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Russia’s invasion of Ukraine has created an unexpected crisis for investors — many of whom had been hoping for a return to economic normality after two years of the Covid pandemic.

Right now, the conflict threatens to disrupt supplies of essential commodities, from both Russia and Ukraine, to western economies already beset by worries about accelerating inflation. Price rises had reached multi-decade highs in the US and Europe even before the fighting began.

The ensuing geopolitical crisis has already created volatility across financial markets as investors look for ways to protect and diversify their portfolios.

And flows in and out of exchange traded funds are again providing a highly sensitive barometer of investor sentiment across all asset classes in times of uncertainty.

Gold — always seen as a safe haven of value in periods of turmoil — has predictably rallied. The price of the precious metal, often held by investors via exchange traded funds, has risen by 6.4 per cent so far this year, trading last week at $1,922 per troy ounce.

This spot price increase has been driven, in part, by a revival in demand for gold ETFs in the last two months.

Inflationary concerns, combined with weeks of growing tensions ahead of the invasion of Ukraine, helped attract just under $4.6bn of inflows into gold ETFs in the year so far to February 25. This took total assets in the category to $221bn — the latest data available from the World Gold Council, the trade body.

Line chart of $ per ounce showing Gold rises as Russia makes purchases tax free

Capital Economics, the consultancy, expects the gold price to reach $2,000 an ounce due to “safe haven” demand prompted by the Ukraine crisis.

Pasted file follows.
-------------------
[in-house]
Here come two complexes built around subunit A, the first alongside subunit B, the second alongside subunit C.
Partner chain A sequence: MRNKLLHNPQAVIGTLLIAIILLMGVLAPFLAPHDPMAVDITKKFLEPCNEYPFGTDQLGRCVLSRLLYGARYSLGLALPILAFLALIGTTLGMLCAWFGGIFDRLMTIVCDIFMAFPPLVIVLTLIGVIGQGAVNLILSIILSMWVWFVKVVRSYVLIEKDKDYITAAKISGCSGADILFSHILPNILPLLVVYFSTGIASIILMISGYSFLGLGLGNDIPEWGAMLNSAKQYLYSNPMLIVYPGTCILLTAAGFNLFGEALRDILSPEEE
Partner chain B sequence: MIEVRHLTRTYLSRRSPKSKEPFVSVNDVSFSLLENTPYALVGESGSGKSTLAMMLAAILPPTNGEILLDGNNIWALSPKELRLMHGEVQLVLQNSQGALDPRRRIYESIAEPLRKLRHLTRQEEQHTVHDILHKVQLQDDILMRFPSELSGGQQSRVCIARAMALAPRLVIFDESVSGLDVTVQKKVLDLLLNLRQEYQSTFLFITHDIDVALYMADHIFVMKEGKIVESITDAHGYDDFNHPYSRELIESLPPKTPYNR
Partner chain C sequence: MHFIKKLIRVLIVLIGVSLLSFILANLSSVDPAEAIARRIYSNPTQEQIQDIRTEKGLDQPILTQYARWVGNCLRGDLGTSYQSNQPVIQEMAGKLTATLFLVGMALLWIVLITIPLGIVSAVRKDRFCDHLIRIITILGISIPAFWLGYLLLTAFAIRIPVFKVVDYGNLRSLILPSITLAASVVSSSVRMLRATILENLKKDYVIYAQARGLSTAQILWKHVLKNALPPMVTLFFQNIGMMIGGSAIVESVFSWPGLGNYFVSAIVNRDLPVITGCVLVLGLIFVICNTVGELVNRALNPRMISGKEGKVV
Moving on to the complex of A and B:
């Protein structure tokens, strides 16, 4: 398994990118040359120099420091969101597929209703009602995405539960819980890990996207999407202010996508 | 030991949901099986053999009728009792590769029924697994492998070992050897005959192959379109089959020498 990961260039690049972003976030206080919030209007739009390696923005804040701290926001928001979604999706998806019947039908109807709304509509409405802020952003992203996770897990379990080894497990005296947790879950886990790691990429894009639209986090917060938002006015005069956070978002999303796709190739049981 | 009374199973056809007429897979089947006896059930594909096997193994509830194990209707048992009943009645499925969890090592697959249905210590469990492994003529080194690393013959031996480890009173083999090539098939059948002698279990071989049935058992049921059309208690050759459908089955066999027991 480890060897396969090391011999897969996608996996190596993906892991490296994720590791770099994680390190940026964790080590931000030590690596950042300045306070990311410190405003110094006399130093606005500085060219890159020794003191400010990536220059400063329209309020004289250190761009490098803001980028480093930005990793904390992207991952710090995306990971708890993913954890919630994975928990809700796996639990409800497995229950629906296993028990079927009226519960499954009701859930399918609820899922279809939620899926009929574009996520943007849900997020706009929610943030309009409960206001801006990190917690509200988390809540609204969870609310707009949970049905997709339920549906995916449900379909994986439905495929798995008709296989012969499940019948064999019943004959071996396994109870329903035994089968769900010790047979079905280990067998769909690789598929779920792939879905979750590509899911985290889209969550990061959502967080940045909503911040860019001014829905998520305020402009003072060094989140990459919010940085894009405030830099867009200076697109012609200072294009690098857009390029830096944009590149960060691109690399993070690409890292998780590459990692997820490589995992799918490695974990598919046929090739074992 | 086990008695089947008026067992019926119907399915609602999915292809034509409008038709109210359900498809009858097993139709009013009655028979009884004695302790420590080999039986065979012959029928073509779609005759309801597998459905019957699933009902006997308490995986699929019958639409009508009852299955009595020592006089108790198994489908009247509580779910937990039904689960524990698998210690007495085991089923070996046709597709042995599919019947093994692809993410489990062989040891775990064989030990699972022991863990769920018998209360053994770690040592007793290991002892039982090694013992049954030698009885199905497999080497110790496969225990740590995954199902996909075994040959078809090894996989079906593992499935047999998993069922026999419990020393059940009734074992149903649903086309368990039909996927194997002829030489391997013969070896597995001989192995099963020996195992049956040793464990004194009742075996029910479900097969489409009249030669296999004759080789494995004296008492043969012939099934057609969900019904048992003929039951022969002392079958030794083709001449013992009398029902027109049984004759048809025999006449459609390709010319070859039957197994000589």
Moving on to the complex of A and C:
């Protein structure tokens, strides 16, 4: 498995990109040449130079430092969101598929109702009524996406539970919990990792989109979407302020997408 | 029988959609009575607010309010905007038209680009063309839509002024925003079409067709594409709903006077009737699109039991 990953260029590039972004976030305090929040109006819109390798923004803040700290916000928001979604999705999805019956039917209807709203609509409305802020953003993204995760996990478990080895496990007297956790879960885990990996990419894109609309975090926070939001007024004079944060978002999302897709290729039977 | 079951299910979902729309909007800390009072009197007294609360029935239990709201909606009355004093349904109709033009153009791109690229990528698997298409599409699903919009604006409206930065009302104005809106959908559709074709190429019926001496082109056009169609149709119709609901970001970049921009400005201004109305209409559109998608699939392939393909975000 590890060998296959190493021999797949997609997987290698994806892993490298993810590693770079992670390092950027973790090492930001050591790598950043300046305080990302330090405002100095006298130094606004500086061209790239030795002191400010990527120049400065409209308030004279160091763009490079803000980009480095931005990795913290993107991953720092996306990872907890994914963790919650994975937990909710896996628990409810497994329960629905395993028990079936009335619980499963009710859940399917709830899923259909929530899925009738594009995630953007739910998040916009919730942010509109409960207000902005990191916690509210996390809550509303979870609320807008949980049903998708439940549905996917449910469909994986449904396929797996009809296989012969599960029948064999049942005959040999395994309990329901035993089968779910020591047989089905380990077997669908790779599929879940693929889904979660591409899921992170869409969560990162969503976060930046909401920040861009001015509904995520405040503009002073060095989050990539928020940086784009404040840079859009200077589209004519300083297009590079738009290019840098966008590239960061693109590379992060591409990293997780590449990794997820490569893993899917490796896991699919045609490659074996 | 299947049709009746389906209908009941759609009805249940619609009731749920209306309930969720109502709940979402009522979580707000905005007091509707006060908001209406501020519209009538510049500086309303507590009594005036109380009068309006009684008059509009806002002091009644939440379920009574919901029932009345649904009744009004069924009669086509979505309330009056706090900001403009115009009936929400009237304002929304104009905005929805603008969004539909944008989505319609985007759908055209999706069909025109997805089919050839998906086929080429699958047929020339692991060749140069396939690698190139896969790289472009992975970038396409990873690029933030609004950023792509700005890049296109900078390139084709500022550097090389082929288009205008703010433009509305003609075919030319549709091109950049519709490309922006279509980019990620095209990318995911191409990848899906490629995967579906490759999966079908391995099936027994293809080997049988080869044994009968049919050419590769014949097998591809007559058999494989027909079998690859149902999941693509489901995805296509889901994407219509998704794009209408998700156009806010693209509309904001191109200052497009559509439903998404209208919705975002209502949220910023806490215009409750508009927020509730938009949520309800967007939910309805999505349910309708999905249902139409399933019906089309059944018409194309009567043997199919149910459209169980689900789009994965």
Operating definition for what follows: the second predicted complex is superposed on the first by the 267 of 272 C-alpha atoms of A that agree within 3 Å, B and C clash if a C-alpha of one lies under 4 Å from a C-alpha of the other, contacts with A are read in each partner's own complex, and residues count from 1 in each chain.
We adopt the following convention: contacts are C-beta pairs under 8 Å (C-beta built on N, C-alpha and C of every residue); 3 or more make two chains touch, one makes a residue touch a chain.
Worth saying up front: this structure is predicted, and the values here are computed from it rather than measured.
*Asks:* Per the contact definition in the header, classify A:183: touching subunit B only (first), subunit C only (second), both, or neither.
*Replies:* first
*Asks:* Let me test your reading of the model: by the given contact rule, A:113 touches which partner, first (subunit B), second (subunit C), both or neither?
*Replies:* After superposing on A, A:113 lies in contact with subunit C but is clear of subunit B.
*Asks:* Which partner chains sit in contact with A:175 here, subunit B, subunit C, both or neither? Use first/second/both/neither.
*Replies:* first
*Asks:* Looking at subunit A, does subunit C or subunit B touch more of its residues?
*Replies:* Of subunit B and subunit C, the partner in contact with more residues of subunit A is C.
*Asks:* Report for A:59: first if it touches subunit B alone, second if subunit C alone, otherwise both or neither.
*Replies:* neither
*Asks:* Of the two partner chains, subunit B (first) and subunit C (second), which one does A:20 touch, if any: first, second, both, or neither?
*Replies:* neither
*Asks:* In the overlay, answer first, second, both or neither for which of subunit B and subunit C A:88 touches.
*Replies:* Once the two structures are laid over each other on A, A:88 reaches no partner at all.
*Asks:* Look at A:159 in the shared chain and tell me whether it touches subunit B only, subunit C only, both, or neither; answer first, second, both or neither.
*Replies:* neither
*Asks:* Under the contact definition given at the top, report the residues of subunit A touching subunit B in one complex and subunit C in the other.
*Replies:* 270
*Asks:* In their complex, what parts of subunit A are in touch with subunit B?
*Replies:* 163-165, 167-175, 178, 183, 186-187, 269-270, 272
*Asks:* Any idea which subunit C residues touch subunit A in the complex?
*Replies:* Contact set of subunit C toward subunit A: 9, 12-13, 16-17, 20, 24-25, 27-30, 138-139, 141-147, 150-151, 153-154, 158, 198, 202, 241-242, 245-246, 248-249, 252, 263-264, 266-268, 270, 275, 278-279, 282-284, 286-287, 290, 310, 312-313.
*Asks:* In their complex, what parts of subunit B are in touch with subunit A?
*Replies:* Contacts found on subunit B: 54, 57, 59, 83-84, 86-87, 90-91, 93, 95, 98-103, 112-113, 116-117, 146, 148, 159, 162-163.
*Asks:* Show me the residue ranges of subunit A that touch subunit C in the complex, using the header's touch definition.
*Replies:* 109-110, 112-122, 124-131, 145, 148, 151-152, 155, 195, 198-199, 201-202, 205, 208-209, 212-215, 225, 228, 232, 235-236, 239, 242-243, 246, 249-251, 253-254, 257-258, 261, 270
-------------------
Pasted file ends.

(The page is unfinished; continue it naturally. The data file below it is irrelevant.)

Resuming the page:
Yet a flight to gold contains its own risks. Capital Economics is also forecasting that gold will retreat to $1,600 an ounce by the end of the year, should Russia’s central bank be forced to sell down part of its substantial bullion reserves to provide liquidity for its domestic financial market.

Followers of the precious metal will also have noted that the relative economic calm of last year, following global recovery from the coronavirus pandemic, coincided with the biggest annual withdrawal of money from gold EFTs since 2013, as the metal fell out of fashion.

Oil and gas prices have predictably spiked higher, too, amid worries over disruptions to supplies from Russia. In addition, Russia’s role as a key global supplier of other industrial and agricultural commodities is likely to be curtailed by the strict international sanctions imposed on Moscow. However, at present, the scale of such disruption — and the impact on pricing — remain difficult to predict.

Russia is a major producer of many commodities

This has triggered a rush into US-listed broad commodity ETFs, which can provide exposure to a wide range of commodities. They attracted inflows of $2.5bn in February, with $1bn in new cash arriving in the final three days of the month.

“Commodity-focused ETFs are in vogue due to elevated geopolitical worries, increased inflationary concerns and the spectre of rising interest rates,” says Todd Rosenbluth, head of ETF and mutual fund research at CFRA Research.